Gravity (Blu-ray + DVD + UltraViolet Combo Pack)

GRAVITY, directed by Oscar nominee Alfonso Cuaron, stars Oscar winners Sandra Bullock and George Clooney in a heart-pounding thriller that pulls you into the infinite and unforgiving realm of deep space. Bullock plays Dr. Ryan Stone, a brilliant medical engineer on her first shuttle mission, with veteran astronaut Matt Kowalsky (Clooney). But on a seemingly routine spacewalk, disaster strikes. The shuttle is destroyed, leaving Stone and Kowalsky completely alone.

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3 thoughts on “Gravity (Blu-ray + DVD + UltraViolet Combo Pack)

  1. 145 of 173 people found the following review helpful
    5.0 out of 5 stars
    Heavy stuff, December 1, 2013
    By 
    Michael J. Tresca “Talien” (Fairfield, CT USA) –
      

      

    “Gravity” is the latest in a long tradition of films in which survival in a hostile environment is a series of hops from one slightly habitable sanctuary to another. It can be in a desert, underwater, or in space, but the premise is the same: one person against all odds tests her own mettle to (hopefully) survive and in doing so, come out a better person in the end. In the case of Dr. Ryan Stone (Sandra Bullock), it’s a form of rebirth.

    Stone is on her first mission aboard the Space Shuttle Explorer with veteran astronauts Matt Kowalski (George Clooney) and Shariff Dasari (Phaldut Sharma). It’s not long before things go horribly awry in the form of a Russian missile strike on a defunct satellite, which triggers a recurring boogeyman: floating debris pierces everything in its path every 90 minutes. The cloud of debris is catastrophic, and it’s not long before Stone is on her own doing her best to survive. But does she want to? Lurking in Stone’s past is the death of her daughter due to an accident, and she has been sleepwalking through life up to this point. Kowalski (one of the few characters in Stone’s literal universe) challenges her on this point.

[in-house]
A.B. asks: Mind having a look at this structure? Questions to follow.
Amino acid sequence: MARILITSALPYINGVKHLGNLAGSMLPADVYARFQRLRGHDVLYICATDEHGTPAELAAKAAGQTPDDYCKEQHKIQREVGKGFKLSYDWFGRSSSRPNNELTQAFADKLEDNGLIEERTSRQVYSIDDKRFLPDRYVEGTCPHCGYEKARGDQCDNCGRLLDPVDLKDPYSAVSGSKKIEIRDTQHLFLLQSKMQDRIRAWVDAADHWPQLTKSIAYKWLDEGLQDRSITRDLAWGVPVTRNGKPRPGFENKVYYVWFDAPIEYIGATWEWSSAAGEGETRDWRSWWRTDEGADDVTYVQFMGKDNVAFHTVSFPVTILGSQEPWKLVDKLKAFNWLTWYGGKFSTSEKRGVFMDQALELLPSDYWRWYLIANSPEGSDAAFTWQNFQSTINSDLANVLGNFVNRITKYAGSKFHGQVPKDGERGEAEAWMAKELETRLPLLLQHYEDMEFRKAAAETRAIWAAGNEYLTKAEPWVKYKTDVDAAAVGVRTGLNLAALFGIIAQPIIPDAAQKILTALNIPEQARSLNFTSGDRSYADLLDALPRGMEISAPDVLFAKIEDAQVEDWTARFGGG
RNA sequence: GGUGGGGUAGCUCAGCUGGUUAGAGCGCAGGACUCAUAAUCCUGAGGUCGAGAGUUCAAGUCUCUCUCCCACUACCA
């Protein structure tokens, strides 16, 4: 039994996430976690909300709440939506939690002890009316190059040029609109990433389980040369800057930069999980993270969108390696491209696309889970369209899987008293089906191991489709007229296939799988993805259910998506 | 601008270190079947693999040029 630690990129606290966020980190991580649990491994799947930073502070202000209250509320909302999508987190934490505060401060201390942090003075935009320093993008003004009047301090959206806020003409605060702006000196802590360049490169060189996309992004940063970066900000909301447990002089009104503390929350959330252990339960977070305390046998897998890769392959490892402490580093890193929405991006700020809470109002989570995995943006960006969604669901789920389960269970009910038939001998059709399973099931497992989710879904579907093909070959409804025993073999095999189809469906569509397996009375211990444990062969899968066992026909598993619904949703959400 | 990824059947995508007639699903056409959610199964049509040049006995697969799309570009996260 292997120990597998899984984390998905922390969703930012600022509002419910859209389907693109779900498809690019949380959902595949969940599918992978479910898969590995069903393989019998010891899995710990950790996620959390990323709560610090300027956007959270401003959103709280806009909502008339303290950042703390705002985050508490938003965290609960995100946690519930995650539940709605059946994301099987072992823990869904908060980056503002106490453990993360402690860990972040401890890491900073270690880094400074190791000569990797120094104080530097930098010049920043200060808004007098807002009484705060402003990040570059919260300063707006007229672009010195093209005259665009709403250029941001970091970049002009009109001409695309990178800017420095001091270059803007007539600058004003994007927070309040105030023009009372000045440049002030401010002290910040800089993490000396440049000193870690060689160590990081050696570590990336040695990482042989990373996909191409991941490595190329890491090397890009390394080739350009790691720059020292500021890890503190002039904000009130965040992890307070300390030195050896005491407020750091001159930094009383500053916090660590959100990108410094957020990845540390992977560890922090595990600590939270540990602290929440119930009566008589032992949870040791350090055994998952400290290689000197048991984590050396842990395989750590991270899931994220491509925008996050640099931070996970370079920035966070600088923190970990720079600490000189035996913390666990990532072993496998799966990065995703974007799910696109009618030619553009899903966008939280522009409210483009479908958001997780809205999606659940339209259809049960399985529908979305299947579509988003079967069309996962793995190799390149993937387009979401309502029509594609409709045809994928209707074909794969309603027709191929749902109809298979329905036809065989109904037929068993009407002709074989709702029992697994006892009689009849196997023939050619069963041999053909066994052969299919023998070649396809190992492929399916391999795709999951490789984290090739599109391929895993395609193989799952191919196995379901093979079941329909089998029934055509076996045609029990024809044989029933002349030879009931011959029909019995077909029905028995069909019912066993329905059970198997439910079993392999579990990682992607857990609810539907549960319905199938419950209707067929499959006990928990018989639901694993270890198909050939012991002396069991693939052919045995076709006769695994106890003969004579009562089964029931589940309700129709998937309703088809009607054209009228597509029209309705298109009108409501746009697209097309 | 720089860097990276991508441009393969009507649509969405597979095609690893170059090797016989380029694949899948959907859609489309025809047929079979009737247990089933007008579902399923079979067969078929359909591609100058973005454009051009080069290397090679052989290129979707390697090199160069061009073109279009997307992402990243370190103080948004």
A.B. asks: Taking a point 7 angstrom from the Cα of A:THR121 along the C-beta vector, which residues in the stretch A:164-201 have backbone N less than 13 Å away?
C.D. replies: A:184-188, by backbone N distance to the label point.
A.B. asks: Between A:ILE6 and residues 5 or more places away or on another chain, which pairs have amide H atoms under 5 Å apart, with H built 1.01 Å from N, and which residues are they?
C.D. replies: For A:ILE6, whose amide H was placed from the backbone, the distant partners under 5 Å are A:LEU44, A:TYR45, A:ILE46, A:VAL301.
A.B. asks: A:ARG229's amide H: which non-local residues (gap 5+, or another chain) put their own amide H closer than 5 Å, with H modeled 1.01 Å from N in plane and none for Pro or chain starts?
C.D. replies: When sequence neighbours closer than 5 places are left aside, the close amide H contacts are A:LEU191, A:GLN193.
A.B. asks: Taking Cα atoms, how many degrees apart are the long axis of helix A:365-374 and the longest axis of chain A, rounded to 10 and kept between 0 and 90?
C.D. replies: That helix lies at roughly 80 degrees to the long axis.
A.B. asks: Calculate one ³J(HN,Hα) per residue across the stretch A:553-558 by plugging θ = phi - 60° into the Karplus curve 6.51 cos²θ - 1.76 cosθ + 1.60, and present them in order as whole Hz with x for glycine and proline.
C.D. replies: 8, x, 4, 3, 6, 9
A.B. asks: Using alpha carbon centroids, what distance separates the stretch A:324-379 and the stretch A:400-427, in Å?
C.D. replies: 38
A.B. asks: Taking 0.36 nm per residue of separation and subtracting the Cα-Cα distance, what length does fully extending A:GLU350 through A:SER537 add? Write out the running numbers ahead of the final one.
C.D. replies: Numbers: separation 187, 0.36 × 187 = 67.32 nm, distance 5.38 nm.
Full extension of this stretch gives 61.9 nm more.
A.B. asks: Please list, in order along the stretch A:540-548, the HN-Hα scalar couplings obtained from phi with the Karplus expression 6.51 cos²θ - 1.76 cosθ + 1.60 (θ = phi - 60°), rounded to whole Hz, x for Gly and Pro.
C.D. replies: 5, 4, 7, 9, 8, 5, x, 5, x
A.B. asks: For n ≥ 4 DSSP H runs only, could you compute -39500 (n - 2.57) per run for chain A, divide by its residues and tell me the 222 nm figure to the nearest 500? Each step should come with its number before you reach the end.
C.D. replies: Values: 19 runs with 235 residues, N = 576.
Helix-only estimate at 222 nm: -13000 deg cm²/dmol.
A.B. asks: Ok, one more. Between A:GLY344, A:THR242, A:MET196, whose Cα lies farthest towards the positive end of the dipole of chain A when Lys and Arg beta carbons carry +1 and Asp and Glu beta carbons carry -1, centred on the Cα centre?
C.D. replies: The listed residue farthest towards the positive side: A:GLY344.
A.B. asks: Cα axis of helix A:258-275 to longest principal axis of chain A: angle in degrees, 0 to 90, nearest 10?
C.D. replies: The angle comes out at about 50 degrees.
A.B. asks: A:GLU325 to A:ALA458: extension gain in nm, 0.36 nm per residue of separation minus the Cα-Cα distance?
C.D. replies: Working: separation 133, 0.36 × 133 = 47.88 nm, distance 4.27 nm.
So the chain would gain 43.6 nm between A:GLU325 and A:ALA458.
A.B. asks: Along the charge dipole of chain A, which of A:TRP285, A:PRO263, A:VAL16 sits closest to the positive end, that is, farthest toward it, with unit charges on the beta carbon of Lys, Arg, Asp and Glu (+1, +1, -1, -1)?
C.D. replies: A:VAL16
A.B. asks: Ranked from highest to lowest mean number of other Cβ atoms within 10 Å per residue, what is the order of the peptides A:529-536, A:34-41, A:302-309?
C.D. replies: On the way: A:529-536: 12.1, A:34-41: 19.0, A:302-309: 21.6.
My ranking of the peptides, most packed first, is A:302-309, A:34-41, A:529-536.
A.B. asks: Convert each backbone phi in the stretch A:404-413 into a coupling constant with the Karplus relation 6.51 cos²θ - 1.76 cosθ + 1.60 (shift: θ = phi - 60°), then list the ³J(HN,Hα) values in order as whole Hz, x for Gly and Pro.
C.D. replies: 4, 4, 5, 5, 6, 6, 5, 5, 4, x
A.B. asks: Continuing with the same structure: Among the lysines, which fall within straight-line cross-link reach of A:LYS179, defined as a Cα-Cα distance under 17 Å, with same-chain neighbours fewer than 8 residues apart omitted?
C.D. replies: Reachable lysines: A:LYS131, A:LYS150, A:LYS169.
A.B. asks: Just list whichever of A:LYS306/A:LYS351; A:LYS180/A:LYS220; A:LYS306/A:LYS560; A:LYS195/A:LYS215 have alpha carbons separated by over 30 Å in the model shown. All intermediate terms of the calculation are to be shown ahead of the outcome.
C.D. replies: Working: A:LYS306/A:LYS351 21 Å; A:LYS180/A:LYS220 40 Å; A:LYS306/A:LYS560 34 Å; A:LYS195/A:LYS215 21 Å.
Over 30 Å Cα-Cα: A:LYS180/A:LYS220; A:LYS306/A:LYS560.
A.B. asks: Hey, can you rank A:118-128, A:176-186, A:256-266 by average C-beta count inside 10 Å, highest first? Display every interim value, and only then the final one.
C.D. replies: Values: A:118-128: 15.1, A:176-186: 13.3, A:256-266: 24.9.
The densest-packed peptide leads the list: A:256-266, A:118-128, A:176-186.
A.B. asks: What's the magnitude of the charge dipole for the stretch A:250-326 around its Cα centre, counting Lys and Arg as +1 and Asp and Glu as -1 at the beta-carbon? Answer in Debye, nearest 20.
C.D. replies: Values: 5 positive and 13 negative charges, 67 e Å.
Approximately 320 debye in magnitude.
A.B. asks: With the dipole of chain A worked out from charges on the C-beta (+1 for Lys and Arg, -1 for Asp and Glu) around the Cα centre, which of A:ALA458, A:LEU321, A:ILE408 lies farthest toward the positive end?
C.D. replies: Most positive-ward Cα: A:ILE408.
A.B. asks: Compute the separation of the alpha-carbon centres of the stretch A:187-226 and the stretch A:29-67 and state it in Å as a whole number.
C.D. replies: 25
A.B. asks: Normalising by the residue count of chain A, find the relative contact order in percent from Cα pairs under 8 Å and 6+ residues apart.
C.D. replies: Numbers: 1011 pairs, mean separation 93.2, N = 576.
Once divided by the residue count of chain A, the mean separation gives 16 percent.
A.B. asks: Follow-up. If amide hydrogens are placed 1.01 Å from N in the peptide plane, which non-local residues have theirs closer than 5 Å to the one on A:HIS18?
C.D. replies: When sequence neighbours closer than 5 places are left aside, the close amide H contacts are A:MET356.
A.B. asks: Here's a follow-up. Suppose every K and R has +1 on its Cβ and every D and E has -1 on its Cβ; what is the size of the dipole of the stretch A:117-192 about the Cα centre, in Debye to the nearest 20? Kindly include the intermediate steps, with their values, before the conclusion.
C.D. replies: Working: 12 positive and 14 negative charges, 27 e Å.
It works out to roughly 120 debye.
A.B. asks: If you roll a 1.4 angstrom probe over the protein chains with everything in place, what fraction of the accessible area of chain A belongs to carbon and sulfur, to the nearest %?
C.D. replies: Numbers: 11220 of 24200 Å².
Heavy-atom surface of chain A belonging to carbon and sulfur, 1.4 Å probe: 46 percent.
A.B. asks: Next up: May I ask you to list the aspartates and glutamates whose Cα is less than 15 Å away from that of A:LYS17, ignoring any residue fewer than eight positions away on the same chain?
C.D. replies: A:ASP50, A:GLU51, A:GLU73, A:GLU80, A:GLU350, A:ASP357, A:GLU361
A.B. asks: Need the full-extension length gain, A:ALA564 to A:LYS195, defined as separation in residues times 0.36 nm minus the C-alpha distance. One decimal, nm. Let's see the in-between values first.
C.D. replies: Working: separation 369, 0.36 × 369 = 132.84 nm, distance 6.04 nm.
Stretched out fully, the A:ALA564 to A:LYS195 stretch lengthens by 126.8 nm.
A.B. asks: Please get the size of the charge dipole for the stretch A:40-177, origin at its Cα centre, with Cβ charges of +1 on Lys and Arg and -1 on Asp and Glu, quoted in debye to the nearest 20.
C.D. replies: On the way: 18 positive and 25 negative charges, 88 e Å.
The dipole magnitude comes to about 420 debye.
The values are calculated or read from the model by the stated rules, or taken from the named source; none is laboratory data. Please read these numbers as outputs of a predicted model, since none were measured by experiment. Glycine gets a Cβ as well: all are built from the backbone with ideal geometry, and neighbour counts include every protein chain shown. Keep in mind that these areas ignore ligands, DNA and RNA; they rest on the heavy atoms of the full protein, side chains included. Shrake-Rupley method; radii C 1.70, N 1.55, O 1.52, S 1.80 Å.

And so begins a desperate struggle for Stone, alone and only partially trained, in the most hostile environment imaginable. She battles the triple threat of asphyxiation, hypothermia, and insanity. On the third point “Gravity” distinguishes itself from other films, led by Bullock’s excellent acting as a woman under extreme pressure.